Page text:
A good estate plan does more than avoid family squabbles and extended delays as the estate winds its way through probate court. A comprehensive estate plan works during your lifetime to protect you, your property and your heirs, say a recent article, “With Holistic Estate Planning, Everything’s Under Control” from Kiplinger.
Holistic estate planning addresses planning for your estate across multiple areas to ensure that nothing is missed, and there are no negative consequences. For instance, if you take a course of action without considering the tax implications, you or your heirs may have a larger tax bill than anticipated. If a financial planner doesn’t correctly set up Required Minimum Distributions (RMDs) from your IRA, you will be assessed a costly penalty.
Your estate plan will benefit from input from several other advisors: a financial advisor, a tax professional and an insurance agent. If you have significant health issues, you may also have a healthcare expert who should be involved.
The foundation of your estate plan is the legal plan. Your estate planning attorney will address the critical documents needed to protect your legal rights and enforce your wishes. They can also educate you concerning how to protect assets in the face of issues like lawsuits, debt, divorce, or the cost of long-term care.
Your estate planning attorney can also help you address concerns about beneficiaries, especially if your child or children are likely to lose most or all of their inheritance if they inherit a lump sum. If you have a disabled family member who receives government benefits, your estate planning attorney will help you plan with a Special Needs Trust to maintain your loved one’s eligibility for benefits.
An example of a holistic estate plan includes a health care power of attorney, living will, durable power of attorney, last will and testament and possibly trusts. Powers of attorney allow a designated agent to handle your business and financial affairs and make decisions if you are incapacitated. A living will documents your wishes regarding end-of-life care and life support. A last will establishes your wishes for the distribution of assets and appoints an executor to carry out your directions. Lastly, trusts are legal entities created to own and distribute the assets that a trustee manages.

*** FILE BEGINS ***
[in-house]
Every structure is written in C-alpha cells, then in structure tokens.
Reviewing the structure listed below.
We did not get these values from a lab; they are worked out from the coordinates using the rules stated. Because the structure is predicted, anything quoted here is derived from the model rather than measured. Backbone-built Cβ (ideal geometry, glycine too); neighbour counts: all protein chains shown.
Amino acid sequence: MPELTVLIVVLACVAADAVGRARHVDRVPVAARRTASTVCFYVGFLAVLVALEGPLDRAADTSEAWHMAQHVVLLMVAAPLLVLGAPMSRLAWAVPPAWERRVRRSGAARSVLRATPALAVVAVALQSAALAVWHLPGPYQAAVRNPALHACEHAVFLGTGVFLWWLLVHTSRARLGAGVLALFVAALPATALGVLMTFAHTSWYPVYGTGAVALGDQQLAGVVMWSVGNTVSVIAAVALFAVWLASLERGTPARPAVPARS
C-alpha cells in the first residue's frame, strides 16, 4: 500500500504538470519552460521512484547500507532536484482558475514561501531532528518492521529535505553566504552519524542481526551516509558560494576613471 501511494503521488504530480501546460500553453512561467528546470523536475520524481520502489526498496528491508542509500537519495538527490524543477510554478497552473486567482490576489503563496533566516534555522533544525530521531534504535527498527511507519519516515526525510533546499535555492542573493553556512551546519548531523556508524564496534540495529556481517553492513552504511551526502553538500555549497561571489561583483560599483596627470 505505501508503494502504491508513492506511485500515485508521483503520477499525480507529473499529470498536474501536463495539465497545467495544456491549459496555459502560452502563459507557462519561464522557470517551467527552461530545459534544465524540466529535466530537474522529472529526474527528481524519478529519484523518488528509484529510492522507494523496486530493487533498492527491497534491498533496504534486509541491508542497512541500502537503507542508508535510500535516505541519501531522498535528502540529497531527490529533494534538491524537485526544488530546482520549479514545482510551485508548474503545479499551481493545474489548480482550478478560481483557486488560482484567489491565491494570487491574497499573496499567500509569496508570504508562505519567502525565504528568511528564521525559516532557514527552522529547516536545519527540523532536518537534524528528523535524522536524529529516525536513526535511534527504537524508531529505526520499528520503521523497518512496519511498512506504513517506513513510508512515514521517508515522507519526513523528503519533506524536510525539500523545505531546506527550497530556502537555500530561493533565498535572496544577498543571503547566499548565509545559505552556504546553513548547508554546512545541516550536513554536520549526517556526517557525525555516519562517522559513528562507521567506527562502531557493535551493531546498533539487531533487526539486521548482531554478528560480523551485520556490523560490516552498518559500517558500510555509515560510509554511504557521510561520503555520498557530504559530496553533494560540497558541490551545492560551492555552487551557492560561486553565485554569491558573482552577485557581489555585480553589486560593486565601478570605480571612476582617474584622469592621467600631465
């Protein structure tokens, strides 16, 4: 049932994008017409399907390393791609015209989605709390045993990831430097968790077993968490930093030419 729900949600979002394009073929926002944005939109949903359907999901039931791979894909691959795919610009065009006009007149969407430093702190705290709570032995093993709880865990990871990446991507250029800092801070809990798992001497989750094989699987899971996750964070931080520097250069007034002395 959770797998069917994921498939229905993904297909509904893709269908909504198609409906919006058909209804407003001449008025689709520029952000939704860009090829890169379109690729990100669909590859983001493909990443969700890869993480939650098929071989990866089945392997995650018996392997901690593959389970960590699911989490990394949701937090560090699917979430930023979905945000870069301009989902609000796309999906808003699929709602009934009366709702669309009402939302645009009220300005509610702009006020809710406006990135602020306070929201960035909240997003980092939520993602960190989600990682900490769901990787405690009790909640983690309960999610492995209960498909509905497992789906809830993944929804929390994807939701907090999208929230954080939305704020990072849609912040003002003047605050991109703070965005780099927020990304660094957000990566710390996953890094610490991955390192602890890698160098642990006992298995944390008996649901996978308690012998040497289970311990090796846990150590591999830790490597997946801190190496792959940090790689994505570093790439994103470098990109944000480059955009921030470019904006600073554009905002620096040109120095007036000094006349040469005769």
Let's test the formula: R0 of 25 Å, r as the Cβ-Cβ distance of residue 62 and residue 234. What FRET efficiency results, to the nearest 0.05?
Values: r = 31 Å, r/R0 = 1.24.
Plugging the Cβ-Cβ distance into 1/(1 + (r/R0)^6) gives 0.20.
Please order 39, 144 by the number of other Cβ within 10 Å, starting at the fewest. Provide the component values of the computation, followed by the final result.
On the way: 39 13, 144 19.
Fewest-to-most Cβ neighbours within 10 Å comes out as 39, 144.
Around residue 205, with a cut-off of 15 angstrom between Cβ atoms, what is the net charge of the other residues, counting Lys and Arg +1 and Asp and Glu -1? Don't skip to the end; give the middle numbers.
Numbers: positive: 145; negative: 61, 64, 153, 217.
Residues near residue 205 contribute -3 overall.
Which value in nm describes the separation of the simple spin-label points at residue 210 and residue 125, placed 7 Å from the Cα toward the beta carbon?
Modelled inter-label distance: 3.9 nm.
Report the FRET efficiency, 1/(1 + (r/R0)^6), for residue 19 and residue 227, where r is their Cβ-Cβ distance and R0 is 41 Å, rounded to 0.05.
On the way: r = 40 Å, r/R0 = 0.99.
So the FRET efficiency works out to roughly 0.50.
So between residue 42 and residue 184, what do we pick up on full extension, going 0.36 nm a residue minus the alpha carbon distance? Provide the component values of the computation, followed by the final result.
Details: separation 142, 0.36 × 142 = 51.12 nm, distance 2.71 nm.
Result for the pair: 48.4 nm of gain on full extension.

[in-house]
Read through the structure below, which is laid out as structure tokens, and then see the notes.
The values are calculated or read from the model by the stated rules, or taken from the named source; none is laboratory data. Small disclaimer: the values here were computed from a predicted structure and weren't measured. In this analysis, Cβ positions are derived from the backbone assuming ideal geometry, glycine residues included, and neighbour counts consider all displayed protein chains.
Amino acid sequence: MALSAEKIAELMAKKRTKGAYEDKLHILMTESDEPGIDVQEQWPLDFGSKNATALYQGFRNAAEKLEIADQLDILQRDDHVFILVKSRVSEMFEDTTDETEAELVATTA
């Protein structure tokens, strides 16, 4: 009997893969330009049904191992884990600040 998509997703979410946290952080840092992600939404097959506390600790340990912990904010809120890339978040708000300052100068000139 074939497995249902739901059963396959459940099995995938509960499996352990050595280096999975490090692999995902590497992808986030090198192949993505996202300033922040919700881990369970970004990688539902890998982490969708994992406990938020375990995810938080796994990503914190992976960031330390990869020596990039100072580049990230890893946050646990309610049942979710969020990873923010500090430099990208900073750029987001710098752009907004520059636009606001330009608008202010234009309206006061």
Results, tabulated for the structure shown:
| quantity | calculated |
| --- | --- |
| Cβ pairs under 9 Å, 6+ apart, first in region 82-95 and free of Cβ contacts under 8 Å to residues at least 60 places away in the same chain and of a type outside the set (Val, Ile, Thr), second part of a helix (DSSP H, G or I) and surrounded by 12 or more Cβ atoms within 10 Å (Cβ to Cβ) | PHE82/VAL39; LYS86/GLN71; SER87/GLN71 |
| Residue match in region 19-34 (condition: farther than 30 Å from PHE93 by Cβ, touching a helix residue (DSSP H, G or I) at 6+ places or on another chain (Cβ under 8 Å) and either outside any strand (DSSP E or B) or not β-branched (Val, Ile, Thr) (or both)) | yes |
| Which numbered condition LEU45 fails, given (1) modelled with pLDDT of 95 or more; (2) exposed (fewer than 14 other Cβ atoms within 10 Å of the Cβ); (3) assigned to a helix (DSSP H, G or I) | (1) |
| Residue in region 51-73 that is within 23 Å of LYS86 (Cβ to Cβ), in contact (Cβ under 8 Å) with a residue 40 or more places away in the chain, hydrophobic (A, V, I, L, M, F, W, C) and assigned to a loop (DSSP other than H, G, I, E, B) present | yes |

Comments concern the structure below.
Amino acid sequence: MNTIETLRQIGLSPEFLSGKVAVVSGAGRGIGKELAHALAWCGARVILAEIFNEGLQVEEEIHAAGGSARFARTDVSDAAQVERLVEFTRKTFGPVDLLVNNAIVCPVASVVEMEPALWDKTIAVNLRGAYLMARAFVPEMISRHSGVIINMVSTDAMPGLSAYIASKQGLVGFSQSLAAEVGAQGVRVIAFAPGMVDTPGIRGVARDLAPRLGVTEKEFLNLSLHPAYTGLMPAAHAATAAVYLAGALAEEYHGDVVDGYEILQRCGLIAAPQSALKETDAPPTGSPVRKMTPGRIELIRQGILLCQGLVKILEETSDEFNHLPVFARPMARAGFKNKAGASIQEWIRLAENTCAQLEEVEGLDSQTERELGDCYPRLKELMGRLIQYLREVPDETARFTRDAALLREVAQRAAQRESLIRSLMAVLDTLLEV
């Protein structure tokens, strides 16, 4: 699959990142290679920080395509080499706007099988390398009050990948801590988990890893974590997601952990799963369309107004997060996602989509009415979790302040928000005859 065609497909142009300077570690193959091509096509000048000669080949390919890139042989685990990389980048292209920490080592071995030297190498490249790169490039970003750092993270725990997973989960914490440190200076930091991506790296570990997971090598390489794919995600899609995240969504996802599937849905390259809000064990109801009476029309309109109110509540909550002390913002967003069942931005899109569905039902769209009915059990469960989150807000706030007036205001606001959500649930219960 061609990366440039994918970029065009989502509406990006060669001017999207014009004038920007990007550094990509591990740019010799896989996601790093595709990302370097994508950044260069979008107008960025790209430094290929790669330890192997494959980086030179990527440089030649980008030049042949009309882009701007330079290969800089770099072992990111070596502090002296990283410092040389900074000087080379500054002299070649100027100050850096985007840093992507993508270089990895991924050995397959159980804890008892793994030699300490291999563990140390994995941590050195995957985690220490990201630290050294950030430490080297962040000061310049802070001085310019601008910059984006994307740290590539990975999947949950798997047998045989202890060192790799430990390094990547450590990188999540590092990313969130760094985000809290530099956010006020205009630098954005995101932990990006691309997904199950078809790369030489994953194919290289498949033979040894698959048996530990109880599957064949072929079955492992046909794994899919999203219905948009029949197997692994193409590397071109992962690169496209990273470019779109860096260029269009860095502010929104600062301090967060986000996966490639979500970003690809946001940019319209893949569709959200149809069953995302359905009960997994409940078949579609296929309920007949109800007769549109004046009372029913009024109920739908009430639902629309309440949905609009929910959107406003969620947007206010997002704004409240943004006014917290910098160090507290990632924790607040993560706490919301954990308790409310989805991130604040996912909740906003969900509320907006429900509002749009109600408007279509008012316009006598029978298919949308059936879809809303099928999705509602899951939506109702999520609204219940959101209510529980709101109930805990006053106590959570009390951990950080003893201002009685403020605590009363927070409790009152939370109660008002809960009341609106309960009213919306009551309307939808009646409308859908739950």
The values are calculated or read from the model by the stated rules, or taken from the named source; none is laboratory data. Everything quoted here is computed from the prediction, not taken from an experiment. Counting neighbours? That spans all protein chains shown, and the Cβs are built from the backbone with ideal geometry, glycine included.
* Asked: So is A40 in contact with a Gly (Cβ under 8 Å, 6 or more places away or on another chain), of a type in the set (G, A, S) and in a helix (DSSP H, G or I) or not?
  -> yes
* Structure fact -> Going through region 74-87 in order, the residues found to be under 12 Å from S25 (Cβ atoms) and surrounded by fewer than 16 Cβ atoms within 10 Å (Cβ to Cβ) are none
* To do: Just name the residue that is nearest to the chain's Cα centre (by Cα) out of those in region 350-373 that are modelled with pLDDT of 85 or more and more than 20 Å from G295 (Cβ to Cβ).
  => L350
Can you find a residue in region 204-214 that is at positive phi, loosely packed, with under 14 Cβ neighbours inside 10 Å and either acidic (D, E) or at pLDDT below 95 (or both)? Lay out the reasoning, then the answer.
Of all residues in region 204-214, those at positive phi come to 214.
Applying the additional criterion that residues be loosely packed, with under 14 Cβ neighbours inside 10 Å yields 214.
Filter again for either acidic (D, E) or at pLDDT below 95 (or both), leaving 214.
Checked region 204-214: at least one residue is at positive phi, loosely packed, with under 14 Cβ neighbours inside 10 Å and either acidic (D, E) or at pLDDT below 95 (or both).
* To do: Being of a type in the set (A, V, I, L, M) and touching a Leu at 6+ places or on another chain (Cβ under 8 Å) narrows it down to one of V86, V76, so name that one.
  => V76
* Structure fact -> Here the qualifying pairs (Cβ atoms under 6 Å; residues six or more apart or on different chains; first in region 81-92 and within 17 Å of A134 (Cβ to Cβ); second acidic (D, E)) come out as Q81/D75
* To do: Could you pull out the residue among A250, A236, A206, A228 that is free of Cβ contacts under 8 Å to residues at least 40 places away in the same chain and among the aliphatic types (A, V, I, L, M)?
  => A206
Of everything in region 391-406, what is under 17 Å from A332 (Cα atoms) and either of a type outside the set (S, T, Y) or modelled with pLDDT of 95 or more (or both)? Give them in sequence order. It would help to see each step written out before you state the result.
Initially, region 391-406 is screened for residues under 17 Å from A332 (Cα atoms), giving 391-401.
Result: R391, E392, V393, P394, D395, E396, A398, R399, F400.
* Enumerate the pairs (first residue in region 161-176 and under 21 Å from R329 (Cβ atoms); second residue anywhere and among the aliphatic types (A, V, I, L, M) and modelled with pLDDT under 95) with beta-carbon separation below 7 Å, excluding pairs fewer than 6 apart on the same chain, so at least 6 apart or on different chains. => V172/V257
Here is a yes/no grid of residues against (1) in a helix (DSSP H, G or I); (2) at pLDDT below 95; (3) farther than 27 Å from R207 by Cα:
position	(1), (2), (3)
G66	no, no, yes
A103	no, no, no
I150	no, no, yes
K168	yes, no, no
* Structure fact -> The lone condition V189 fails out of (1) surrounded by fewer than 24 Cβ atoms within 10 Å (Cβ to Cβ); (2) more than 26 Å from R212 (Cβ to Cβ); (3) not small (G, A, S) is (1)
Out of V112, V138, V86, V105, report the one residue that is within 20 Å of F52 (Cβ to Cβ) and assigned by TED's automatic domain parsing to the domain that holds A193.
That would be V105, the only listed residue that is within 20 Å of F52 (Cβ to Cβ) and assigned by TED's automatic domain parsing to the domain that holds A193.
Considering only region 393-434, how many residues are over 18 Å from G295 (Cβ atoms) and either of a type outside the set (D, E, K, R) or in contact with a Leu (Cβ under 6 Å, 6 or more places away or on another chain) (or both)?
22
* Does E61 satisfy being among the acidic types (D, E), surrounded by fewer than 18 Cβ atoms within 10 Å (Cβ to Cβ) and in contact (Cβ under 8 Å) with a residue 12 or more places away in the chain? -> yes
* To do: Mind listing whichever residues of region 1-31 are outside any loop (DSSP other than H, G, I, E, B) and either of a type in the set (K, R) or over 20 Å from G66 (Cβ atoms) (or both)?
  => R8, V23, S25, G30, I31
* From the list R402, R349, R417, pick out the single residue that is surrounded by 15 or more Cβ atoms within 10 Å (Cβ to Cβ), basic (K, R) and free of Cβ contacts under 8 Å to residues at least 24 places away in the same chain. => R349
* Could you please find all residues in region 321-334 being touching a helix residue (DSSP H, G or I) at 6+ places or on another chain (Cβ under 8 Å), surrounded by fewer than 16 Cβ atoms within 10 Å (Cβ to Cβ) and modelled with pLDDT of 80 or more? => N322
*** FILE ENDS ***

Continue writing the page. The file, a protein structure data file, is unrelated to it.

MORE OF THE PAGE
Your tax advisor should work with your estate planning attorney, as there have been many changes in tax laws in recent years that have dramatically impacted estate planning. The SECURE Act of 2019 and SECURE 2.0 Act changed how beneficiaries inherit assets, especially IRAs. Depending upon your situation, it may make sense to convert your IRA to a Roth IRA and pay the taxes upfront, so your heirs don’t get a tax bill.
The IRS has quietly eliminated the step-up in basis on inherited property passing outside of probate. Before March 2023, beneficiaries who inherited property through an irrevocable trust would take ownership of the property at fair market value, not at the cost basis of what the trust grantor originally paid, eliminating capital gains taxes.
With the passing of Rev. Rul. 2023-2, the IRS stated that such property is now inherited at current fair market value, making beneficiaries responsible for the capital gains taxes. What’s the alternative? Allowing the property to pass through the probate process makes it subject to creditors’ claims, legal fees, court costs and other maintenance during the time it takes to finalize probate.
Estate planning preparation addresses legal documents, tax planning, financial advice, risk management and long-term care planning. If it sounds like it takes a small village to manage your life, it’s true. However, the alternative of not being ready for life’s eventualities is far more costly for you and your loved ones.
Reference: Kiplinger (May 24, 2023) “With Holistic Estate Planning, Everything’s Under Control”